After meeting certain conditions, you can also invite special guests to your inn. If they are satisfied with their stay, they will offer to set up shop and grant you access to new facilities. As you unlock more facilities, you will find that some provide bonuses when placed near each other, while others will have the opposite effect. For example, building a Massage Chair next to a Tatami Room makes it more popular among Adults and Seniors, but placing a Karaoke Room reduces its popularity (or compatibility as the game calls it) instead. Add bath effects and decorations to the mix, and you will find yourself trying to create an optimal layout to attract guests to your inn.

Indeed, a large part of the game’s fun comes from trying out various layouts and experimenting with different facilities. It is also the way you are meant to play the game, as there are no options to move a facility once you have built them. The game only lets you remove them, so you will find yourself destroying parts of your inn and re-building it. This may be the cause of frustration if you accidentally place a building on the wrong spot (which may happen on iPhones, especially when you are zoomed out), forcing you to demolish it and re-build. It seems like a chore at first (especially with the lack of funds), but as the game progresses, you will get used to it, and in fact, you will do it often. You will want to re-build your inn from time to time to accommodate new facilities or unlocked effects, and doing so will prove to be more productive than haphazardly building your facilities all over the place.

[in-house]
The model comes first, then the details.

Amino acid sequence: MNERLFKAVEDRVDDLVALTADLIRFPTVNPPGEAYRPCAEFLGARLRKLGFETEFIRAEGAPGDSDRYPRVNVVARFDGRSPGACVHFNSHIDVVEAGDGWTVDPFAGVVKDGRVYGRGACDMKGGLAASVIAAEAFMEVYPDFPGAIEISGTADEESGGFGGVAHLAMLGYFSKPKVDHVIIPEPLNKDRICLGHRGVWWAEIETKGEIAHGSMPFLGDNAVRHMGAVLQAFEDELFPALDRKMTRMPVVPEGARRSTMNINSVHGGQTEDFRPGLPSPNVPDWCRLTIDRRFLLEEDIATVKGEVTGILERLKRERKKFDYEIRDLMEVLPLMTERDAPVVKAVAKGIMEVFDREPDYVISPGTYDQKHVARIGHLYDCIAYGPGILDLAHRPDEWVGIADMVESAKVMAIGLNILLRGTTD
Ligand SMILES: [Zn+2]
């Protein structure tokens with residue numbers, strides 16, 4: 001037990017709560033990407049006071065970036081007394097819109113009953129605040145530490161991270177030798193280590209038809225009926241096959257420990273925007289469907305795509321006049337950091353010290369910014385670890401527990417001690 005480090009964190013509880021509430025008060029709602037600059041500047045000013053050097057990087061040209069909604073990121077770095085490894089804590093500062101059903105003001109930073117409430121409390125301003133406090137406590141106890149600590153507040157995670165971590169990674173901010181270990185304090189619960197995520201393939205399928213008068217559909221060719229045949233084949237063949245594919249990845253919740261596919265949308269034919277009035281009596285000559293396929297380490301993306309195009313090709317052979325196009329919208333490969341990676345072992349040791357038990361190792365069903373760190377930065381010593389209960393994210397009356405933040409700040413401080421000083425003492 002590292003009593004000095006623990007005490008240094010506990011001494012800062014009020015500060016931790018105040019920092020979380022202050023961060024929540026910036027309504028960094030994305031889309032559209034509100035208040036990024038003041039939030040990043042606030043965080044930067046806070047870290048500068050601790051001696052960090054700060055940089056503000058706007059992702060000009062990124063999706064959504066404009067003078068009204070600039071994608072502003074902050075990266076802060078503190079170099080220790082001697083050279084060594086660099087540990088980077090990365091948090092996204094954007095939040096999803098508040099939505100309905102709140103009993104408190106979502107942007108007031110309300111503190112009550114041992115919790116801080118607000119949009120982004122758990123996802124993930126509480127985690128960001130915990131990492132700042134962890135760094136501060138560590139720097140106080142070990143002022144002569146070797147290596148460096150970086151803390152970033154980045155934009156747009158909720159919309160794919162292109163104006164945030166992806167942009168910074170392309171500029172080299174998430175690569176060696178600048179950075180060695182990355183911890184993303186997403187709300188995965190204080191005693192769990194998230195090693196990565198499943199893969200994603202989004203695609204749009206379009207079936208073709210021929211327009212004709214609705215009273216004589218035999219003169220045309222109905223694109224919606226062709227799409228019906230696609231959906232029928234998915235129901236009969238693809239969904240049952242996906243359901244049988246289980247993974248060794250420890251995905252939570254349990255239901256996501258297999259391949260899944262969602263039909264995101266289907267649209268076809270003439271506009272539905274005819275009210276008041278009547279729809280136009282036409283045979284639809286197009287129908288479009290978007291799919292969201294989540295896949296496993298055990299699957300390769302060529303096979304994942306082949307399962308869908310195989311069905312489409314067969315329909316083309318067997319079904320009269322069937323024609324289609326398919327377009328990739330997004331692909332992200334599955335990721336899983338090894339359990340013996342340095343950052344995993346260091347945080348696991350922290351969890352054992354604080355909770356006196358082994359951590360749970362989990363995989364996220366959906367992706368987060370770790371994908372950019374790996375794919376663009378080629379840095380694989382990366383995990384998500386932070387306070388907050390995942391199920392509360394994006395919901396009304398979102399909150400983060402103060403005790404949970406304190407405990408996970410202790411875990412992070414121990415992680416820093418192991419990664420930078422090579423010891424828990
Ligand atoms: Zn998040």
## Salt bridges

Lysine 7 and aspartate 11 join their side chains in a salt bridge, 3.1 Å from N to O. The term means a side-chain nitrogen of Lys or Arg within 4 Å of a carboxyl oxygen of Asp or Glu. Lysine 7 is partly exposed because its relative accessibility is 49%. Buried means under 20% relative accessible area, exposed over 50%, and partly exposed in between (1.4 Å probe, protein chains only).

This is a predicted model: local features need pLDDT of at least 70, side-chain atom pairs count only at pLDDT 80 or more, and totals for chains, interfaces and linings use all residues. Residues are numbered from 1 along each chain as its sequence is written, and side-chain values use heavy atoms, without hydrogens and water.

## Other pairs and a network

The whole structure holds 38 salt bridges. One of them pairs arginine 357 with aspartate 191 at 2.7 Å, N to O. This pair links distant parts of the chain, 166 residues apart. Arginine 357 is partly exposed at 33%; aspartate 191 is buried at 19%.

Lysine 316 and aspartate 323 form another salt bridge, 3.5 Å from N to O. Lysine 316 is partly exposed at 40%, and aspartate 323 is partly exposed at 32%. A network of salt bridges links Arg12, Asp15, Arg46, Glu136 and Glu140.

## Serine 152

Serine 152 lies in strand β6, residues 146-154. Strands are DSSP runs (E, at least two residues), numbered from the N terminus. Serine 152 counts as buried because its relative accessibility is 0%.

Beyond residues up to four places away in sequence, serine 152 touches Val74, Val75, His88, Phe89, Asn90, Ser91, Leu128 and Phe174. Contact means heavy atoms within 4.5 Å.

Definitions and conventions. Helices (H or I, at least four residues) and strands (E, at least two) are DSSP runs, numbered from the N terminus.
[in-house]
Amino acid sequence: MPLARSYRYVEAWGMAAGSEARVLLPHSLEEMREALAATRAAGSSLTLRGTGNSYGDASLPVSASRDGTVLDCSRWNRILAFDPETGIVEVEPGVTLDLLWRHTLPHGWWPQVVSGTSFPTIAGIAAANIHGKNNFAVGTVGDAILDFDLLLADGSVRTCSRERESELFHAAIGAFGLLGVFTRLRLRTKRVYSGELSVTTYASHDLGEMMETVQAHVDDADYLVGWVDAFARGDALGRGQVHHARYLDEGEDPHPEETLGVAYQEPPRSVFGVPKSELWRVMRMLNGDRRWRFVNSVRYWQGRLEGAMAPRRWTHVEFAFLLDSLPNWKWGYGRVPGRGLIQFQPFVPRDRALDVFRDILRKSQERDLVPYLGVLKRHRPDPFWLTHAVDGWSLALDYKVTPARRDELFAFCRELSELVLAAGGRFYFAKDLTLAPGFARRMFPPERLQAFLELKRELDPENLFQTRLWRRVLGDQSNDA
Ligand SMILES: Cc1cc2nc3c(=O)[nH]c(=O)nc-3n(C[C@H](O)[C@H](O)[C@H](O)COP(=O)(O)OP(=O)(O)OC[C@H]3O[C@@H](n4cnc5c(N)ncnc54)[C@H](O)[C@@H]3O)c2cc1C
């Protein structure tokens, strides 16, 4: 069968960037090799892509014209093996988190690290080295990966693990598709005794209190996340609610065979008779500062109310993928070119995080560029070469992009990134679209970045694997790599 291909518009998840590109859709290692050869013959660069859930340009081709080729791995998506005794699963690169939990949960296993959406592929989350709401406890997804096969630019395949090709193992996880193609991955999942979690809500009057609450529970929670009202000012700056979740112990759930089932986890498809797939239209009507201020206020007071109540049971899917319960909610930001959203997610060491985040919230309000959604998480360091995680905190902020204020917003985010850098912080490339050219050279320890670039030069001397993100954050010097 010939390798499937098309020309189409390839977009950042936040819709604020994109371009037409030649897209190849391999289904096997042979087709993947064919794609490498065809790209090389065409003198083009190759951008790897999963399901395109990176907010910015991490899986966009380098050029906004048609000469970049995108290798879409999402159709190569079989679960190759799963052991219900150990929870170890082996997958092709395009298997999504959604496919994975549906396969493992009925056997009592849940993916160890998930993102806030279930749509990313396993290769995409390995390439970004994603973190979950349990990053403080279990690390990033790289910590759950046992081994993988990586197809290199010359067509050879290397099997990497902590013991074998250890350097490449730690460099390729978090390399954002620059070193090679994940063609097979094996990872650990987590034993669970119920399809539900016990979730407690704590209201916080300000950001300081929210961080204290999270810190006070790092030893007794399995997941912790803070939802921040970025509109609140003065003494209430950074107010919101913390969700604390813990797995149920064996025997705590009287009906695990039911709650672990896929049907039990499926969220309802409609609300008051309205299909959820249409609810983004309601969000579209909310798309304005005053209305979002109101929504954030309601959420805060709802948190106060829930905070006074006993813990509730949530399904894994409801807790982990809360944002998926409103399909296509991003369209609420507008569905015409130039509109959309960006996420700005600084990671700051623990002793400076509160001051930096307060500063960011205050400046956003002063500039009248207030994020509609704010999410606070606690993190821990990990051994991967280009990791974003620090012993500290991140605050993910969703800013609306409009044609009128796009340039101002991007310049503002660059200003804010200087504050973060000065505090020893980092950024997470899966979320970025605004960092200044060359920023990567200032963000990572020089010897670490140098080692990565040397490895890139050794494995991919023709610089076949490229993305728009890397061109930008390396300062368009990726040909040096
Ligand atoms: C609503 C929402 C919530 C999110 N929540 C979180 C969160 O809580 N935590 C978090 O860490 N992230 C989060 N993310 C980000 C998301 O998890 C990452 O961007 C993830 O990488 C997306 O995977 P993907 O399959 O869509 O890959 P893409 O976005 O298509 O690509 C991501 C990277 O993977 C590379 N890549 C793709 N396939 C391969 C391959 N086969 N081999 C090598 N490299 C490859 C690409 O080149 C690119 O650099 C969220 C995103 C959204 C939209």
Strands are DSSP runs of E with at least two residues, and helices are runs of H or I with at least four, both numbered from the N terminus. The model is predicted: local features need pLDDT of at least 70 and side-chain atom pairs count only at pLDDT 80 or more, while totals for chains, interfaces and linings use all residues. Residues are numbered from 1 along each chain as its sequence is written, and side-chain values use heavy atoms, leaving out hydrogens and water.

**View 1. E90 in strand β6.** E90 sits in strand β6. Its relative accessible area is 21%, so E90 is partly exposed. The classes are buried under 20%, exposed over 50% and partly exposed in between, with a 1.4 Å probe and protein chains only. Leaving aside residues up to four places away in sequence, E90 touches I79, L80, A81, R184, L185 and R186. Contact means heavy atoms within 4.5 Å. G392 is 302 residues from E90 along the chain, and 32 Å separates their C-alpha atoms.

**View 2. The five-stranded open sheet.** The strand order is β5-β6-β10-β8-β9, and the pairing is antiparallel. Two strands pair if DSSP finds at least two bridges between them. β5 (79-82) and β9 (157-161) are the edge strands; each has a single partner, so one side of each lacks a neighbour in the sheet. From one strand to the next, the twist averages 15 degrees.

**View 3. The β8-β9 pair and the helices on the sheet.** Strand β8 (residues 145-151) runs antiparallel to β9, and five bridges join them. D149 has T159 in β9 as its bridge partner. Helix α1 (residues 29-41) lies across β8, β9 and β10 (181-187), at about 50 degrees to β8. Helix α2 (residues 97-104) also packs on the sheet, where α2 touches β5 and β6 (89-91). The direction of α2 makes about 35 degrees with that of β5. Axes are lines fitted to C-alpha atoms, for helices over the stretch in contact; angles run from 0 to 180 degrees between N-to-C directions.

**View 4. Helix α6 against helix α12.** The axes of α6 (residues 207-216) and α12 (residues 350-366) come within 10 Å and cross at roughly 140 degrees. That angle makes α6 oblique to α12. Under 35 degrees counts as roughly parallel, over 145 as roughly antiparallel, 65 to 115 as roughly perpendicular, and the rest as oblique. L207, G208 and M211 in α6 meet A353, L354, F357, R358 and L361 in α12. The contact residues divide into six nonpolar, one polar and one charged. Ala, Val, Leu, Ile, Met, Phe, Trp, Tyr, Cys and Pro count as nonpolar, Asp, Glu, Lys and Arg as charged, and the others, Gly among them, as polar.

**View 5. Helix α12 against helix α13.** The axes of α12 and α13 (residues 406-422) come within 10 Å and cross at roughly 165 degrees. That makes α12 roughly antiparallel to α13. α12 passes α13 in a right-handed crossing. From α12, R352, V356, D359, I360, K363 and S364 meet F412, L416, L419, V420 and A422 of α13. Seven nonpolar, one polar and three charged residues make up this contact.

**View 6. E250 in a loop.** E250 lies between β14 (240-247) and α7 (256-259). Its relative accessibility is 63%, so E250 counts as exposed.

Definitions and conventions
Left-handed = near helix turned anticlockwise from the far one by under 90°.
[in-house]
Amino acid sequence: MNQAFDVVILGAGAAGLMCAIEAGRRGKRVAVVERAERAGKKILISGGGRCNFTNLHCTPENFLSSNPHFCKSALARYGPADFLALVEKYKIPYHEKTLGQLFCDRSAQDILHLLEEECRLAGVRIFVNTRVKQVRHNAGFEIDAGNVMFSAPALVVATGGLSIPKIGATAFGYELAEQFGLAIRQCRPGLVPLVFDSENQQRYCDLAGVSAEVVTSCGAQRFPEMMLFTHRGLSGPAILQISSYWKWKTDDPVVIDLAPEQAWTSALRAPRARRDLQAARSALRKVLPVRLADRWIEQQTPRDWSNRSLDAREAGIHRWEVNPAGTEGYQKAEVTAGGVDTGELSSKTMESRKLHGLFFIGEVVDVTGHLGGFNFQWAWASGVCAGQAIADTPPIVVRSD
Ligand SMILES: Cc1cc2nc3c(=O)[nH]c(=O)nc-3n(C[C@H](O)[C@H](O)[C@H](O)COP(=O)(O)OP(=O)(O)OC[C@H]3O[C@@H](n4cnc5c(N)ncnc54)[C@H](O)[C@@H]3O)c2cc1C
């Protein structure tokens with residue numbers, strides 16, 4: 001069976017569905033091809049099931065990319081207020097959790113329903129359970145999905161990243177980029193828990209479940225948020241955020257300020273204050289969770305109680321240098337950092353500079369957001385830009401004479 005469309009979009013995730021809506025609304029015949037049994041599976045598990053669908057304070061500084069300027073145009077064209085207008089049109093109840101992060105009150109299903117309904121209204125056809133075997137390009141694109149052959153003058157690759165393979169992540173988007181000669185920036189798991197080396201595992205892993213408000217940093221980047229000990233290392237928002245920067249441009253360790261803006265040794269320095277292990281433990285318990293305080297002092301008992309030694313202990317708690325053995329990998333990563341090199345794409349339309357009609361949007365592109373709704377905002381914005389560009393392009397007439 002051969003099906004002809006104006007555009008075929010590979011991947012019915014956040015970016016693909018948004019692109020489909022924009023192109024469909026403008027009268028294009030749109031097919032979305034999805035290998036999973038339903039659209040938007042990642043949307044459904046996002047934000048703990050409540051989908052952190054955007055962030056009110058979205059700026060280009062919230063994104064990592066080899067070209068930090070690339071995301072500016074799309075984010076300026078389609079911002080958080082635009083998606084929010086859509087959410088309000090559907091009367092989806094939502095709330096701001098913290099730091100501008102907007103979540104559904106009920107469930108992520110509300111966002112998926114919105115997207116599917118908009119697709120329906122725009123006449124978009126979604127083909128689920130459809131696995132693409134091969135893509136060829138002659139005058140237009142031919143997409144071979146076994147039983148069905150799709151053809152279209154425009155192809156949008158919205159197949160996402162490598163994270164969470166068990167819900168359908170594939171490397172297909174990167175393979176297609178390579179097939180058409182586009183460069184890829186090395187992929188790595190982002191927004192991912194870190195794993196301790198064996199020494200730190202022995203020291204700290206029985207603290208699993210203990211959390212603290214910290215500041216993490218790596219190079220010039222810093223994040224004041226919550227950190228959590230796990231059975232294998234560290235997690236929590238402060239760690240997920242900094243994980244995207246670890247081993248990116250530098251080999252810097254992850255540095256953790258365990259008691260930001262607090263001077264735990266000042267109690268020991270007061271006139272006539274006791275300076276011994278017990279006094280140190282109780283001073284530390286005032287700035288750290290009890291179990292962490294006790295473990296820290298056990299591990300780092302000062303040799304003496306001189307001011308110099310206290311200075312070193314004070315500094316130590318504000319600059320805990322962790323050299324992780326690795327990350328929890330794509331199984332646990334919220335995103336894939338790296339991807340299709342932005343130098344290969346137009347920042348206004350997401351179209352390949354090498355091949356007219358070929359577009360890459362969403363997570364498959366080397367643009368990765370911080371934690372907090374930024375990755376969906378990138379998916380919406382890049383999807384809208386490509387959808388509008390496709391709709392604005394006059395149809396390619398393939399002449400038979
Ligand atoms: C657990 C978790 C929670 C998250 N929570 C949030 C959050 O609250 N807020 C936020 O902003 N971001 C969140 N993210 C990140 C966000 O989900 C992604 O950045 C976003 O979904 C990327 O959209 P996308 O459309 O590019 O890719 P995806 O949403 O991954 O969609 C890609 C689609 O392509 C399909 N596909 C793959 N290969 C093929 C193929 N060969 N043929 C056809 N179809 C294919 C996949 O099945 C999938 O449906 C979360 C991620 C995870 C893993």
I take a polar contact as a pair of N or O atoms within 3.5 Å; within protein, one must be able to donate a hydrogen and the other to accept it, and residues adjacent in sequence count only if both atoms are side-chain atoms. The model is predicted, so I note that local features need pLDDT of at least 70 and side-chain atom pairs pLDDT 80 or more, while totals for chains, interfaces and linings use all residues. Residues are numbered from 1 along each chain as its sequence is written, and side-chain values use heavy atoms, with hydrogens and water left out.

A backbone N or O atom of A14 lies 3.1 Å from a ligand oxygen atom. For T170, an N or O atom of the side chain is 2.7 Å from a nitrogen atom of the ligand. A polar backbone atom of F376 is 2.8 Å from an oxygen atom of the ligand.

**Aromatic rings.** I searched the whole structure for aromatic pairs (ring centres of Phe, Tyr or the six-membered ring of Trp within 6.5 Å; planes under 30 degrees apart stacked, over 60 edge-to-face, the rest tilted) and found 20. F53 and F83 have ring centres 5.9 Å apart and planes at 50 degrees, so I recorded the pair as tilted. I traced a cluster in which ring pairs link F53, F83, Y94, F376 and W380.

An example of how to achieve the In Crowd bath effect.